New Year Review: Carving Knives by Jim Wester of North Bay Forge

When I was a student at Goddard College in the later 1990’s, a friend and fellow student somewhat reluctantly let me borrow his amazing bent-blade carving knife for a weekend.  He picked it up from working with his neighboring San Juan Islander, Jim Wester of North Bay Forge.  The blade, sharp on both edges, was of a similar design as those used by indigenous people of the pacific northwest. Sheathed by a section of garden hose, I packed it off to Cape Cod on a weekend trip.  I picked up a piece of Dogwood and crafted my first spoon, a chunky handled ice cream scoop with a 1″ knot in the handle.  That was when I fell in love with making spoons.


I first purchased my own double-bladed Deep Bent Knife and general purpose Straight Knife from North Bay Forge in 1997.  Over the years I have accumulated other tools from Jim’s shop, including a scorp and an adze, but the Bent Knife is the tool in hand for most of what I do, which is carve green New England hardwoods into kitchen spoons and spatulas.


A new Deep Bent Knife ($65) and a Large Straight Knife ($55) from


My original old Deep Bent Knife and Straight Knife (not shown) arrived razor-sharp, and after 17 years, they have changed little.  Still razor-sharp, and I’ve done little to keep them that way.  I carve green wood, so it is easy on the blades.  I keep them away from rocks and steel and children.  I rarely, lightly, sharpen them.  Over the years, I have kept a few extra knives on hand for workshops (and maybe out of a bit of tool hoarding behavior), but eventually passed those on to others. Recently my 11-year-old daughter has been getting interested in spoon making, so I made another purchase from North Bay Forge.


A few days after ordering, the knives arrived USPS neatly packaged in a mailing tube.  Because my purchase was over $100, the shipping cost was included.  The blades are oiled and dipped into a thick rubbery plastic coating, and the knives are wrapped in corrugated paper, including a handout with information about use and sharpening.  The Eastern Cherry handles on the new knives are untreated, awaiting the oils from a carver’s hands to develop a patina.


A couple of differences that I noticed in the new Deep Bent Knife.  The overall length of the blade out away from the end of the handle is slightly, but noticeably shorter than my original 17-year-old knife. The new knife blade is also somewhat wider (edge to edge) than the original knife near the base of the knife where the tang enters the handle, and from a certain view looks more “triangular”.  Finally, the convex side of the blade shows no peening marks like my original knife.  Both knives are as sharp as can be and ready for use after pressing the blade against a block of wood, removing the protective rubber coating, and wiping off the oil.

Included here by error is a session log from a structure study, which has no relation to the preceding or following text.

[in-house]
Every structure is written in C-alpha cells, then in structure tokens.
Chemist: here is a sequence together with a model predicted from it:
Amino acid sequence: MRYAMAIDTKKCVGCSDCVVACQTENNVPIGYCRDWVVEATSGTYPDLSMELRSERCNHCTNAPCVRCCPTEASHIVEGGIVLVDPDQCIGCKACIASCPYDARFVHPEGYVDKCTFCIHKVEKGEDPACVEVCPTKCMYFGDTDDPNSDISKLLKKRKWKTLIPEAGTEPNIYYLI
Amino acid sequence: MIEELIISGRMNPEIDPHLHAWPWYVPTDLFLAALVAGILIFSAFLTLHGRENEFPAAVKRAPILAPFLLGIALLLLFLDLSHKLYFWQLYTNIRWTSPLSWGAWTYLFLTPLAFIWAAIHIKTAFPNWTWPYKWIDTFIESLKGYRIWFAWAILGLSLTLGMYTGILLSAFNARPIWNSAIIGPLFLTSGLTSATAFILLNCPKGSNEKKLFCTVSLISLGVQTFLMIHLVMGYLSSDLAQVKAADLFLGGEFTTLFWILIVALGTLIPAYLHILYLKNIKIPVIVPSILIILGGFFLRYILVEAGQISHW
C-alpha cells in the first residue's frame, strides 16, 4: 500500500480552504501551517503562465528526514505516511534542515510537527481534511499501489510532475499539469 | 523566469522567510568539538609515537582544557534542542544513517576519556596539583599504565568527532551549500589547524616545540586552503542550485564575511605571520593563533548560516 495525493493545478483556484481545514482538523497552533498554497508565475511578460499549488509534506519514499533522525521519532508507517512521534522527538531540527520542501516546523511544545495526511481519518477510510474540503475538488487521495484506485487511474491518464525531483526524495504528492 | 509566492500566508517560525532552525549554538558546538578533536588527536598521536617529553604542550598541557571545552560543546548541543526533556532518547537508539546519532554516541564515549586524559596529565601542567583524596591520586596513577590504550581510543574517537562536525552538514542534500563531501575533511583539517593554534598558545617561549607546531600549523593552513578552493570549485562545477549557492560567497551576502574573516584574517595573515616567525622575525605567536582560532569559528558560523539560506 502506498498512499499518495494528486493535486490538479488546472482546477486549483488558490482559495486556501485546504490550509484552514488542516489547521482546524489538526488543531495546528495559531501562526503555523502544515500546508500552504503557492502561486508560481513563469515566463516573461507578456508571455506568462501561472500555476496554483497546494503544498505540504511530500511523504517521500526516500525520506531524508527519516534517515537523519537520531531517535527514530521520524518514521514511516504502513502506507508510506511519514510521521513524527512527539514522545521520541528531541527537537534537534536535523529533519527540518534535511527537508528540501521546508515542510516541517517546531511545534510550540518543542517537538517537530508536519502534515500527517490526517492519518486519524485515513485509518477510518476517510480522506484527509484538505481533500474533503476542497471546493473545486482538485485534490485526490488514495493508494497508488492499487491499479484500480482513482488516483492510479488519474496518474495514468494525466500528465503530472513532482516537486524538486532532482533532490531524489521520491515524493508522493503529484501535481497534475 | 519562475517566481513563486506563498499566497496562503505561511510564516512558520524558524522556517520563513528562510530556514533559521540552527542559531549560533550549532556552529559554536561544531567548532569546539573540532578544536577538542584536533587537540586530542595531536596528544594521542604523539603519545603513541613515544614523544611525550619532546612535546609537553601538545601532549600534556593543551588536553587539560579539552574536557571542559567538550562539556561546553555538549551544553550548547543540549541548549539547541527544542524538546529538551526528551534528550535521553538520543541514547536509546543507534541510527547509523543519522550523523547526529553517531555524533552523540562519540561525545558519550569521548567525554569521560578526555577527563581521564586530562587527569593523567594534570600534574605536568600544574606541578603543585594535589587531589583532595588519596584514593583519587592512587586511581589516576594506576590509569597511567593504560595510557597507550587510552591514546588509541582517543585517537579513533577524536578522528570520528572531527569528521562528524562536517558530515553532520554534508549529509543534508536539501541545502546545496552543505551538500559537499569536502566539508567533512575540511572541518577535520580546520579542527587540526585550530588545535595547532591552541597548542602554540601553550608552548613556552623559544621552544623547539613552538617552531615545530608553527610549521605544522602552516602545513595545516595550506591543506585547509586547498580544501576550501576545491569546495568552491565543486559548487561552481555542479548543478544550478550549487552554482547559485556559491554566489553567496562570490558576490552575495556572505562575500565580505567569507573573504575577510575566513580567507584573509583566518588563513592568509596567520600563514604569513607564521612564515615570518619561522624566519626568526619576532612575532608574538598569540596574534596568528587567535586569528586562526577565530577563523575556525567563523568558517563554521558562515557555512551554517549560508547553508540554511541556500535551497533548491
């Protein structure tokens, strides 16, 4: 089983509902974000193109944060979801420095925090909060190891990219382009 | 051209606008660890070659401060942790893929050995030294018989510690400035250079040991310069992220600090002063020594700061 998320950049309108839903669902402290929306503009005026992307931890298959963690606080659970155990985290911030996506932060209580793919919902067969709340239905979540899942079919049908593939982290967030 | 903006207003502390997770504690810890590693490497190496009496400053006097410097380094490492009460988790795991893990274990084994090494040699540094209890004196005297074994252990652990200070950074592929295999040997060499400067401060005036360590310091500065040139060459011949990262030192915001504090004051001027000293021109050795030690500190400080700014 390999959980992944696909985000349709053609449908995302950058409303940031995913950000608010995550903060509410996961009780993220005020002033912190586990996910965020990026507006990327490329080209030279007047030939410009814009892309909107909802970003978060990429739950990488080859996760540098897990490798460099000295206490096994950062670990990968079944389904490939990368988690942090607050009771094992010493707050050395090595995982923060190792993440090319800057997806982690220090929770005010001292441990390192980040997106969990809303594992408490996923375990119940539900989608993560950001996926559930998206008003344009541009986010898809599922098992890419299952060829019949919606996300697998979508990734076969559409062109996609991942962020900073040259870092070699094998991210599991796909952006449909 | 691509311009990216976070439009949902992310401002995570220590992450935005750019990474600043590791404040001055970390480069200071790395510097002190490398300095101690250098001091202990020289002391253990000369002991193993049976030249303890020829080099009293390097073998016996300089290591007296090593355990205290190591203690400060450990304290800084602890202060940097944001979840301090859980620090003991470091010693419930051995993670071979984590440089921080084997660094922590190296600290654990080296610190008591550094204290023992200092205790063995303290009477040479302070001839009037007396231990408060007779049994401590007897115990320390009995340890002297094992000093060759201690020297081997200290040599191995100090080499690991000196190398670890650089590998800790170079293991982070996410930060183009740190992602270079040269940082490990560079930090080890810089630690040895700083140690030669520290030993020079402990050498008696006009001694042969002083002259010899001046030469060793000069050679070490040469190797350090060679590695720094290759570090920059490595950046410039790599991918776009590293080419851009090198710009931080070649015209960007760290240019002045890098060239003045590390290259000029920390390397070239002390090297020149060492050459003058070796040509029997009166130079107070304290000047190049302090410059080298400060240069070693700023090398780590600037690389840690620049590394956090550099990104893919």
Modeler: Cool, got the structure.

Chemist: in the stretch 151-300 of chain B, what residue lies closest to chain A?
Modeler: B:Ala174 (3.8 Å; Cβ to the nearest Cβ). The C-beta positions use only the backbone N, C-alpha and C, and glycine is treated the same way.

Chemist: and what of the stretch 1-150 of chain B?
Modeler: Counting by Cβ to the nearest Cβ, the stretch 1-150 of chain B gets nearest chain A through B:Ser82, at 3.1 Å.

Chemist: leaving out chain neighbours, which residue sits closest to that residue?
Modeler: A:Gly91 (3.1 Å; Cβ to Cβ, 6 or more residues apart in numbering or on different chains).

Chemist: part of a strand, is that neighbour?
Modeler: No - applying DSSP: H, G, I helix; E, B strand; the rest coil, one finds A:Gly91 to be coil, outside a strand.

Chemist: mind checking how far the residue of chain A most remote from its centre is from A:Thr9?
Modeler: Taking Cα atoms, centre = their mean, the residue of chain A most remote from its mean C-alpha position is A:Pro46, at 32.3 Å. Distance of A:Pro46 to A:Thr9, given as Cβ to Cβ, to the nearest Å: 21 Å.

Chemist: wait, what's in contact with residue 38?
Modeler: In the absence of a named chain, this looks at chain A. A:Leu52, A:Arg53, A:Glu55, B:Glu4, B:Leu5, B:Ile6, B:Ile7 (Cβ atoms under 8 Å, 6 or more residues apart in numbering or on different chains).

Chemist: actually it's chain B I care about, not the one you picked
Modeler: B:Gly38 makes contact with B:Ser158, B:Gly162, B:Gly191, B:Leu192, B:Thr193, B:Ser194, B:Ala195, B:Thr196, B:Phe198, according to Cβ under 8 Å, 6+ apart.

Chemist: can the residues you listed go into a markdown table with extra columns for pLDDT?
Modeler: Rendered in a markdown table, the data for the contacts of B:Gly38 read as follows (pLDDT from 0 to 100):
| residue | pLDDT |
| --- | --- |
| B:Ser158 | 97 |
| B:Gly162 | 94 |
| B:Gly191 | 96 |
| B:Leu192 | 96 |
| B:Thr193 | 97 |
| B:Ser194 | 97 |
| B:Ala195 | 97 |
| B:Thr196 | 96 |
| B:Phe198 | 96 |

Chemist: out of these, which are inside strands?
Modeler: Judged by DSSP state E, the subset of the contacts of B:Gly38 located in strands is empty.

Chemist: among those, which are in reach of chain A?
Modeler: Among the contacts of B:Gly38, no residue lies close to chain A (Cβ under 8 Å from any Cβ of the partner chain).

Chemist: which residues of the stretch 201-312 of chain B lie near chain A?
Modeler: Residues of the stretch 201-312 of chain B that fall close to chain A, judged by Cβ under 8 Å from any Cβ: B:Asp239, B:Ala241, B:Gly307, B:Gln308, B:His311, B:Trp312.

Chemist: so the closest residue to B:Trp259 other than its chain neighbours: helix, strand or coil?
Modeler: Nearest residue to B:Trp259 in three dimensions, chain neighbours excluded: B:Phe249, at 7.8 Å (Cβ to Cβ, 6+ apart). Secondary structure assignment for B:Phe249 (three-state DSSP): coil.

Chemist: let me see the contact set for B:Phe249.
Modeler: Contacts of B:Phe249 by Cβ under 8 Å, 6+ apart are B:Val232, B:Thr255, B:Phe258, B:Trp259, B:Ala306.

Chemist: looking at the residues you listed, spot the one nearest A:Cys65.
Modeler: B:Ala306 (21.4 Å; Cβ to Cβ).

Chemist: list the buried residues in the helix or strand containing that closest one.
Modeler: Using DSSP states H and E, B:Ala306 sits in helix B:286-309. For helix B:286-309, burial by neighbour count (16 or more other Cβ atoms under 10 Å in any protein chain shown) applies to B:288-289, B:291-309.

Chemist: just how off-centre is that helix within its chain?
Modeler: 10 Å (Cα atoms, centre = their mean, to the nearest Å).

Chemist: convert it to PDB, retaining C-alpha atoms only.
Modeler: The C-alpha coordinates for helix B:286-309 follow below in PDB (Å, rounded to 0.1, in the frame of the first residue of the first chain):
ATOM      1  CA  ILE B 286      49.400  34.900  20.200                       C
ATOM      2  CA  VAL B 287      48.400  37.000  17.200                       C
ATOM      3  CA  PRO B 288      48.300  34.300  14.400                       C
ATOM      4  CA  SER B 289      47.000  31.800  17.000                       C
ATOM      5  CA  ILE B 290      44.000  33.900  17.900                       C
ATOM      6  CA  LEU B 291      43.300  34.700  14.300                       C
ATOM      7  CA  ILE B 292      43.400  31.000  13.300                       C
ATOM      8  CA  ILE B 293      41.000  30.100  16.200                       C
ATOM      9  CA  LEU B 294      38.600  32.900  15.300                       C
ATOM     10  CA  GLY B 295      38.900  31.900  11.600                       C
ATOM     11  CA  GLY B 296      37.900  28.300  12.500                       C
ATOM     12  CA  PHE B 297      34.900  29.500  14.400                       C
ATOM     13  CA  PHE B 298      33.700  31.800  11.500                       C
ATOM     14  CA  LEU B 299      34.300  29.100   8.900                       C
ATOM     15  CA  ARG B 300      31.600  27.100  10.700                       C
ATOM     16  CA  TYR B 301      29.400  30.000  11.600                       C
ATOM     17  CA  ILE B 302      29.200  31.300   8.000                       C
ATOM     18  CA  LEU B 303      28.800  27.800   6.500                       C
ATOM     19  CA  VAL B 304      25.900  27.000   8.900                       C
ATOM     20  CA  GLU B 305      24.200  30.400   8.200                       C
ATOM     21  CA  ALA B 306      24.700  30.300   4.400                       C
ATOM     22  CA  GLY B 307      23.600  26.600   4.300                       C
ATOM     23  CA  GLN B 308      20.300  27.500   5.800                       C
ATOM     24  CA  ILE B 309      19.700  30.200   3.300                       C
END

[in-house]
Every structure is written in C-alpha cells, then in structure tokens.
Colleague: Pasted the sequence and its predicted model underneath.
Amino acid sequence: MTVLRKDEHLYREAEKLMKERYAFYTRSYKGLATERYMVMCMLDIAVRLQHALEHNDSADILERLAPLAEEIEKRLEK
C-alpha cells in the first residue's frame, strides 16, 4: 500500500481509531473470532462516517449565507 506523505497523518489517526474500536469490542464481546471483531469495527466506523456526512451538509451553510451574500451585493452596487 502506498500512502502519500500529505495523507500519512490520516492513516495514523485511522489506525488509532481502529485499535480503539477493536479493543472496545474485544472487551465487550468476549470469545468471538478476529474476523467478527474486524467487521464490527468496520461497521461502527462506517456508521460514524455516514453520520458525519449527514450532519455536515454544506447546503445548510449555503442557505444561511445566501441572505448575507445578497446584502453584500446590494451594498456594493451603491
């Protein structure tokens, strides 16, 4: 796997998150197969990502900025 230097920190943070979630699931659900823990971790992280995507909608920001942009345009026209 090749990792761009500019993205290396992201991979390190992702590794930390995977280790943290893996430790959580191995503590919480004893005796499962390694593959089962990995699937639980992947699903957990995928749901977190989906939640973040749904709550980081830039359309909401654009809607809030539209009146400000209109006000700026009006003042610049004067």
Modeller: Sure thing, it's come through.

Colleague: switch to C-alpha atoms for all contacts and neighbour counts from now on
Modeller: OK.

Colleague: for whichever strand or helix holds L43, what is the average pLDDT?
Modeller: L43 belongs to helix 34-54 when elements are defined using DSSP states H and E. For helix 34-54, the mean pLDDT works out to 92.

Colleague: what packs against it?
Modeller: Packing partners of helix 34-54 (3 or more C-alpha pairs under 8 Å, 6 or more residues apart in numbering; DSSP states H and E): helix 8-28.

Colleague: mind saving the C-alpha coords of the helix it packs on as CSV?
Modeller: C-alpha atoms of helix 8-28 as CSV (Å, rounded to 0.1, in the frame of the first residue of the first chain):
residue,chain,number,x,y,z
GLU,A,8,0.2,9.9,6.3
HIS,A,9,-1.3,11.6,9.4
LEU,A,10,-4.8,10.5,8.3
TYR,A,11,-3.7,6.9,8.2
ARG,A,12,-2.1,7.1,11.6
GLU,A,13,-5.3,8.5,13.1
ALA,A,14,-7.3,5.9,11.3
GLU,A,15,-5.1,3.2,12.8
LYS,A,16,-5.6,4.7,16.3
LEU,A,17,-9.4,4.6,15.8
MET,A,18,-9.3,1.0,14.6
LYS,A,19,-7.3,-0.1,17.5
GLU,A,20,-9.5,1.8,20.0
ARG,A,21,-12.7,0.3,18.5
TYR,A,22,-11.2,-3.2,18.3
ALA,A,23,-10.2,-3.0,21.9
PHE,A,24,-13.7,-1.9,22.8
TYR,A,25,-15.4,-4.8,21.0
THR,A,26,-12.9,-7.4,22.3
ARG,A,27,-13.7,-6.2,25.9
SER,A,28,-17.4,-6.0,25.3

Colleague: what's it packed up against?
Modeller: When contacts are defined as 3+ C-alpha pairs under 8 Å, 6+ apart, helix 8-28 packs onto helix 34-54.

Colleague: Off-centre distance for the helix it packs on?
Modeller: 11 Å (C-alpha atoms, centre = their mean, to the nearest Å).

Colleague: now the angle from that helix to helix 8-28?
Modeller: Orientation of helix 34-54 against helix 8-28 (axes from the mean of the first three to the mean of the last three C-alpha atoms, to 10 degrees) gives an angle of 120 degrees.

I chose the Large Straight Knife this time, and the blade is about 2 1/4″; about twice the size of my original knife.  On the Straight Knife, somewhere over the years Jim dropped the curved back of the knife sloping down to the point, and opted for a beveled back, which is on all 3 sizes of Straight Knives.  This knife is huge and akin to a stiff razor blade at the end of a handle.  One false move and…be careful!

It takes some time to develop the technique to use the bent knife safely and take full advantage of the many angles and thumb-fulcrum from which you can carve.  But once you get the hang of it, these knives make quick work of hollowing large spoons and bowls, cutting across stubborn grain, and leaving a finished surface behind.

I have never looked elsewhere for carving tools.  The craftsmanship and quality of Jim Wester’s hand-forged tools honestly makes them worth every hard-earned penny.  His website is full of information about the process of forging these knives and how he came to start his business.  I highly recommend these tools and reiterate my warning that they are SHARP!

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